YugaByte Open Source Business Model
Open source software has been climbing the ladder to prominence in the software world for the past couple of decades.
Products like Linux, MySQL, and PostgreSQL have become the cornerstones of software development and toppled the monopoly of companies like Microsoft and Oracle. Emergence and consequent success of open source not only changed the product landscape, but forced the big players to consider alternatives, think about the user base, and contribute to a multitude of projects.
The value and success of open source stems from a spirit of fast and open innovation, driven by collaboration from a diverse number of contributors. Businesses that have spun out of open source projects, despite the early-on skepticism in the 90s about the inherent sustainability of such business models, are thriving. Companies like RedHat, MongoDB, Confluent, Elastic, HashiCorp, and many more being acquired for or valued at billions of dollars. Each of these companies has a different business model with different offerings, licenses, and principles.
Open source licenses fall into two main categories: copyleft and permissive licenses.
- Copyleft licenses: When a piece of software is licensed under a copyleft license, any modified or extended versions have to be open sourced as well. GNU General Public License (GPL), LPGL, APGL all fall under this category.
- Permissive licenses: This type of license enforces minimum requirements on how the software can be used. MIT license and Apache 2.0 fall under this category.
Frontpage of Choose a License, a a website that helps software creators to choose a license that fits their needs
For a license to be considered an open source license, the most widely used criteria is acceptance from the Open Source Initiative (OSI), a global non-profit that aims to promote open source and its principles.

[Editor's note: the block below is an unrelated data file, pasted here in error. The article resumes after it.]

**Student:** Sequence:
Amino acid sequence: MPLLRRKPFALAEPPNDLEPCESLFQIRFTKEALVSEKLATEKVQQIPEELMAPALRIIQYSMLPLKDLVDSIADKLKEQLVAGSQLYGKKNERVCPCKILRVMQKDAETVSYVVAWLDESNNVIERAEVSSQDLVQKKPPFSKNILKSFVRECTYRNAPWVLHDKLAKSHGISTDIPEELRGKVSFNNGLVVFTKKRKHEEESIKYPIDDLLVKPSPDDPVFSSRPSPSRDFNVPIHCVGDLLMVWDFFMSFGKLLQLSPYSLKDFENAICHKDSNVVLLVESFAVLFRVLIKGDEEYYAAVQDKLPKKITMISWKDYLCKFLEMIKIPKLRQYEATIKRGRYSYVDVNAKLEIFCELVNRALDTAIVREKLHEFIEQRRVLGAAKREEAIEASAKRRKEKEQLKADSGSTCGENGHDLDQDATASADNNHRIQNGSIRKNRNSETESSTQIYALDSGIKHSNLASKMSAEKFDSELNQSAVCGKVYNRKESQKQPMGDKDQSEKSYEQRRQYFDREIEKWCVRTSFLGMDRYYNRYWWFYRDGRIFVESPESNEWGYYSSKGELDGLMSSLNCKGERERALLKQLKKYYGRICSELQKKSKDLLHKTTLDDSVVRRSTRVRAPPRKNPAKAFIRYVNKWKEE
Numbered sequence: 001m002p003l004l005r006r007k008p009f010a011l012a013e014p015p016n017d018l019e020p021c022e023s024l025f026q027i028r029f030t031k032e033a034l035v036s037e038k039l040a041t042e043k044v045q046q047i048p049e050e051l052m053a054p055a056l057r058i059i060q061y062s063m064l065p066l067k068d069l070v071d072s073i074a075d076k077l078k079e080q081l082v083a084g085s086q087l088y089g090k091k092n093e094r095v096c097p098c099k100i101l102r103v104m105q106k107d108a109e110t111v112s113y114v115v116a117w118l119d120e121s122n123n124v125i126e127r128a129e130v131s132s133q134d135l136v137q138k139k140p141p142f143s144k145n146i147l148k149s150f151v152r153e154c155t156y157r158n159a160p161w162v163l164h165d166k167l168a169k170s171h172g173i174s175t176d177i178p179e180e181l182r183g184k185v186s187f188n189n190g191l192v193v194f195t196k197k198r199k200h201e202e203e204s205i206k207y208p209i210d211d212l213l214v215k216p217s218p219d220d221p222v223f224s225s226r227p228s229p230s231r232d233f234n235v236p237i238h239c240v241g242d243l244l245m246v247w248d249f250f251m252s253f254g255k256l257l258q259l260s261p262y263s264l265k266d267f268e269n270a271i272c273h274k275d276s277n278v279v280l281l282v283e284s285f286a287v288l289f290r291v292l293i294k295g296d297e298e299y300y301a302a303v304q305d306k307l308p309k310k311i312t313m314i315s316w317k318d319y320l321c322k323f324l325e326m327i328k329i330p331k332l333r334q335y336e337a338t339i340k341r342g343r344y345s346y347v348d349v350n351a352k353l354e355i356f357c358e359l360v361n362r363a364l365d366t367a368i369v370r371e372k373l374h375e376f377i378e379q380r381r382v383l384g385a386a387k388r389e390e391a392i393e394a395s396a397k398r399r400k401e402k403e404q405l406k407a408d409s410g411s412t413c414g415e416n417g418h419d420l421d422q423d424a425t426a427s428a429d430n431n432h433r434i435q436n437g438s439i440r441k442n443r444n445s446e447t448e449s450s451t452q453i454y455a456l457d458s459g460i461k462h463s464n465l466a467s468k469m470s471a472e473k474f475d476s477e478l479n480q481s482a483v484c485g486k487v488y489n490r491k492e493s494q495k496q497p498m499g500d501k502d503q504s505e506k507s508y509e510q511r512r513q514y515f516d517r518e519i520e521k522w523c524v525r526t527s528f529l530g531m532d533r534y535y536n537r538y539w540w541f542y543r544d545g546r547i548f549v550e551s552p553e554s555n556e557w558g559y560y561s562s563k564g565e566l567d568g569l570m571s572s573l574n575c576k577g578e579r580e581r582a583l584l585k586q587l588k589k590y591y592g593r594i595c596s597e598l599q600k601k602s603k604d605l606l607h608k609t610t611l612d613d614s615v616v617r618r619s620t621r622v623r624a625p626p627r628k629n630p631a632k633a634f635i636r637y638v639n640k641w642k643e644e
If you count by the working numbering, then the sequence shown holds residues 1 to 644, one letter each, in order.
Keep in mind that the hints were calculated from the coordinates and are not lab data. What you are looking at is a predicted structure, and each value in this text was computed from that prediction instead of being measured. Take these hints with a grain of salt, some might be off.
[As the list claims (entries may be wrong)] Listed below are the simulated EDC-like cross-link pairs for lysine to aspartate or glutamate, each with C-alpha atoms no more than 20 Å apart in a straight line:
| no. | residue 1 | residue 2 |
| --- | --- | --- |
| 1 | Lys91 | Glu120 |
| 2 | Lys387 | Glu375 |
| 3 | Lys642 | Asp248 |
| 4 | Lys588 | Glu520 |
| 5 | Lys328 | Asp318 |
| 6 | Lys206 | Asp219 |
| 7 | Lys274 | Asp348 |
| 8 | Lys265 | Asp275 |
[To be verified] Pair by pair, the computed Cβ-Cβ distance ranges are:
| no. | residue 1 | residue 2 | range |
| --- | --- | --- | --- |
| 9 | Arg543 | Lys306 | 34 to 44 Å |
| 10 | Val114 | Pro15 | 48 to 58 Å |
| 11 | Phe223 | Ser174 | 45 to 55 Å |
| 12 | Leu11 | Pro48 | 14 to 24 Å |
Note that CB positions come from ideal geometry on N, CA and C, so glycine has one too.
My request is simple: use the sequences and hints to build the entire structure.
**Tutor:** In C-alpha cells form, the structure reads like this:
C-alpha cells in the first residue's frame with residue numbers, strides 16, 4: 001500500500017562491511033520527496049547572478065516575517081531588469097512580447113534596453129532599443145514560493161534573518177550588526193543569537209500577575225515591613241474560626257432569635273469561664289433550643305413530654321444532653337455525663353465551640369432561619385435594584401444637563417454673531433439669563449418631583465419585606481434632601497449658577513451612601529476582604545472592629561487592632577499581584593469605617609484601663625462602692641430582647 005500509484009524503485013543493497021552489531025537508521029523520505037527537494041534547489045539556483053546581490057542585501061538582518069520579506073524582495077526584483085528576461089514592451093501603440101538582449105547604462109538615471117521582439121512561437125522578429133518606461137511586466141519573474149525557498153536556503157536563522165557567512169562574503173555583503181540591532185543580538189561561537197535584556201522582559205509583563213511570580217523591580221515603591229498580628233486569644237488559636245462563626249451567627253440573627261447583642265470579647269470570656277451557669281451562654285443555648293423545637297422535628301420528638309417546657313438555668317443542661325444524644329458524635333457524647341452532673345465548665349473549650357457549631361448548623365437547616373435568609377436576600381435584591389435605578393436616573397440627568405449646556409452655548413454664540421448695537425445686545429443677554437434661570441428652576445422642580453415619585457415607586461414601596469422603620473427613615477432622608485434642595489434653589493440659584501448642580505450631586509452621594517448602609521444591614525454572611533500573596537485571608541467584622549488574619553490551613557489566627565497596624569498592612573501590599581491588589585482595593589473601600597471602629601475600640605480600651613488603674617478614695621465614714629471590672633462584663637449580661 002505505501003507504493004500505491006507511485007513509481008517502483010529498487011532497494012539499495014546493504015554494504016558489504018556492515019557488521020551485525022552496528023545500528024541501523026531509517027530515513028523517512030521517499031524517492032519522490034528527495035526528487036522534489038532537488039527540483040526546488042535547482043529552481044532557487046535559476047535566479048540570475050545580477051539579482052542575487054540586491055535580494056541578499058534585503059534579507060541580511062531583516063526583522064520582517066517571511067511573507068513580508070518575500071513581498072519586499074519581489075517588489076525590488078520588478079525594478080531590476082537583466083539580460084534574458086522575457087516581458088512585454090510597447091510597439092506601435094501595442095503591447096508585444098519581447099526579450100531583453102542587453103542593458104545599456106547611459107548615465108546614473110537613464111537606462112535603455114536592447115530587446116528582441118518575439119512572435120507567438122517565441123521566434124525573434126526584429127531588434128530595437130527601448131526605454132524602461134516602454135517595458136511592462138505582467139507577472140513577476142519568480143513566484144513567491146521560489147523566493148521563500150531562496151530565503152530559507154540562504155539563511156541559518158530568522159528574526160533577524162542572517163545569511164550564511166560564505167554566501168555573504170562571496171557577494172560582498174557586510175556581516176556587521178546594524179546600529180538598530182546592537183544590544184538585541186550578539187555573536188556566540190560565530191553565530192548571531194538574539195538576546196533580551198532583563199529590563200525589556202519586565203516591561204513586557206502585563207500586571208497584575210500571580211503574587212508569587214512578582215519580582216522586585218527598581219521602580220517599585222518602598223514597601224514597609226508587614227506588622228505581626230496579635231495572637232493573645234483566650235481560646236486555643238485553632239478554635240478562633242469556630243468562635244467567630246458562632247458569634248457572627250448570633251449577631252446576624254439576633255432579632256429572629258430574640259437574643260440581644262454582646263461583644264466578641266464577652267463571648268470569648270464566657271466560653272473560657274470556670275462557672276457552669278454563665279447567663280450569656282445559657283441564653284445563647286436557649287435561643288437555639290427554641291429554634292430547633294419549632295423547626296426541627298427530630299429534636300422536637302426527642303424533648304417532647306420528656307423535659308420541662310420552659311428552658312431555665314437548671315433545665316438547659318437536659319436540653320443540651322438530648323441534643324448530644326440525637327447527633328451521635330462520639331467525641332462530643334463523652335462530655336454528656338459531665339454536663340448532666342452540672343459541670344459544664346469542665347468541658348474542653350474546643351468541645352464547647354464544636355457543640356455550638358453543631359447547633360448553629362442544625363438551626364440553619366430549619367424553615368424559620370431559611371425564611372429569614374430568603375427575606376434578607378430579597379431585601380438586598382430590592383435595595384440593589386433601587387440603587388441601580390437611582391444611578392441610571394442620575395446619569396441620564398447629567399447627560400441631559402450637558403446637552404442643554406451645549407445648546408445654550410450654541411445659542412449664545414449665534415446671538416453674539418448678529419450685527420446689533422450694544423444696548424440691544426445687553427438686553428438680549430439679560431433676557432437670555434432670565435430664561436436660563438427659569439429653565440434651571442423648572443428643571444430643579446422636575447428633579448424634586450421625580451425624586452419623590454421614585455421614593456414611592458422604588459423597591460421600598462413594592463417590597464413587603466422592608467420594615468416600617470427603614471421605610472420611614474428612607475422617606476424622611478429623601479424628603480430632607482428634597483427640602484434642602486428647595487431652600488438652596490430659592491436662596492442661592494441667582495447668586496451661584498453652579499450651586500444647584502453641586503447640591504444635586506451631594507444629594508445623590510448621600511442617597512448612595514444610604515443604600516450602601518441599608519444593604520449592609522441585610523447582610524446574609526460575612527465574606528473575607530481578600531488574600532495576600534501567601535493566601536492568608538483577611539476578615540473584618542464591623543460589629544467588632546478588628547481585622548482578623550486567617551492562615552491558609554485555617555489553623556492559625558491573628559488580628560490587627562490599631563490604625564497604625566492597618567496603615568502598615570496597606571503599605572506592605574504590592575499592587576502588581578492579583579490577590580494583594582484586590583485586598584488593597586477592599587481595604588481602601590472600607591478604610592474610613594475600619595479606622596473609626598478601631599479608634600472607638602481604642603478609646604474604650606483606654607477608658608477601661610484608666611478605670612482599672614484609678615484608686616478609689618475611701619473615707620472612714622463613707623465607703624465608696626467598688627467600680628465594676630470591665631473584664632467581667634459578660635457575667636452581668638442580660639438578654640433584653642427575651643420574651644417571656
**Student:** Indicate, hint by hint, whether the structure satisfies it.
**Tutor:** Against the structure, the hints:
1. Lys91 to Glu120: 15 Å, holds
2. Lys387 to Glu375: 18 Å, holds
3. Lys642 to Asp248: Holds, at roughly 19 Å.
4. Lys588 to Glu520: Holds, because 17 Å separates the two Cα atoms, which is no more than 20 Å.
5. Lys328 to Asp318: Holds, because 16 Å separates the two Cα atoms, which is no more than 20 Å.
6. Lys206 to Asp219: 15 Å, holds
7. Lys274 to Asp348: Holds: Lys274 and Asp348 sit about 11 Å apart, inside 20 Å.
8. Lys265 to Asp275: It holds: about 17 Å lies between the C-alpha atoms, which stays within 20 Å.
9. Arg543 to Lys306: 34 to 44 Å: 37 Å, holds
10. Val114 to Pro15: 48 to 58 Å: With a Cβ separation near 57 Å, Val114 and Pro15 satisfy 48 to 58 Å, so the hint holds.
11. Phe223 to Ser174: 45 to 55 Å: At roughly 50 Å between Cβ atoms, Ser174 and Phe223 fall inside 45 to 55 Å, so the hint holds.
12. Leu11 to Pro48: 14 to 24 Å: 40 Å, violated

Open source business models can also be divided into 3 main categories:
- Service, support, training: This is the business model made popular by RedHat. Offering the main product for free, this model charges users or enterprises if they want additional service, support, or training.
- Open core model: The most widely-used model among open source businesses. With this model, the features that are deemed to be core are open sourced with a license like Apache 2.0, and the features that are deemed to be advanced, also called the crust are commercialized with a paid license. Elastic, the company behind Elasticsearch, follows this model – the core features are open with an Apache 2.0 license, while some features in X-Pack are monetized, and the others are under Elastic license, which is not an open source license according to the Open Source Initiative (OSI). Open core model is also known as the dual-licensing model, where the company has two offerings, usually a free community edition, and a licensed proprietary edition.
- Managed service offerings: An alternative to the break/fix model, this model generally offers subscription based system management, where the underlying open source software is being handled by a third party to create an additional layer of abstraction. In the cloud era, instead of provisioning servers and dealing with the complexity that scale brings, managed services such as Database as a Service (DBaaS) solutions have gained popularity.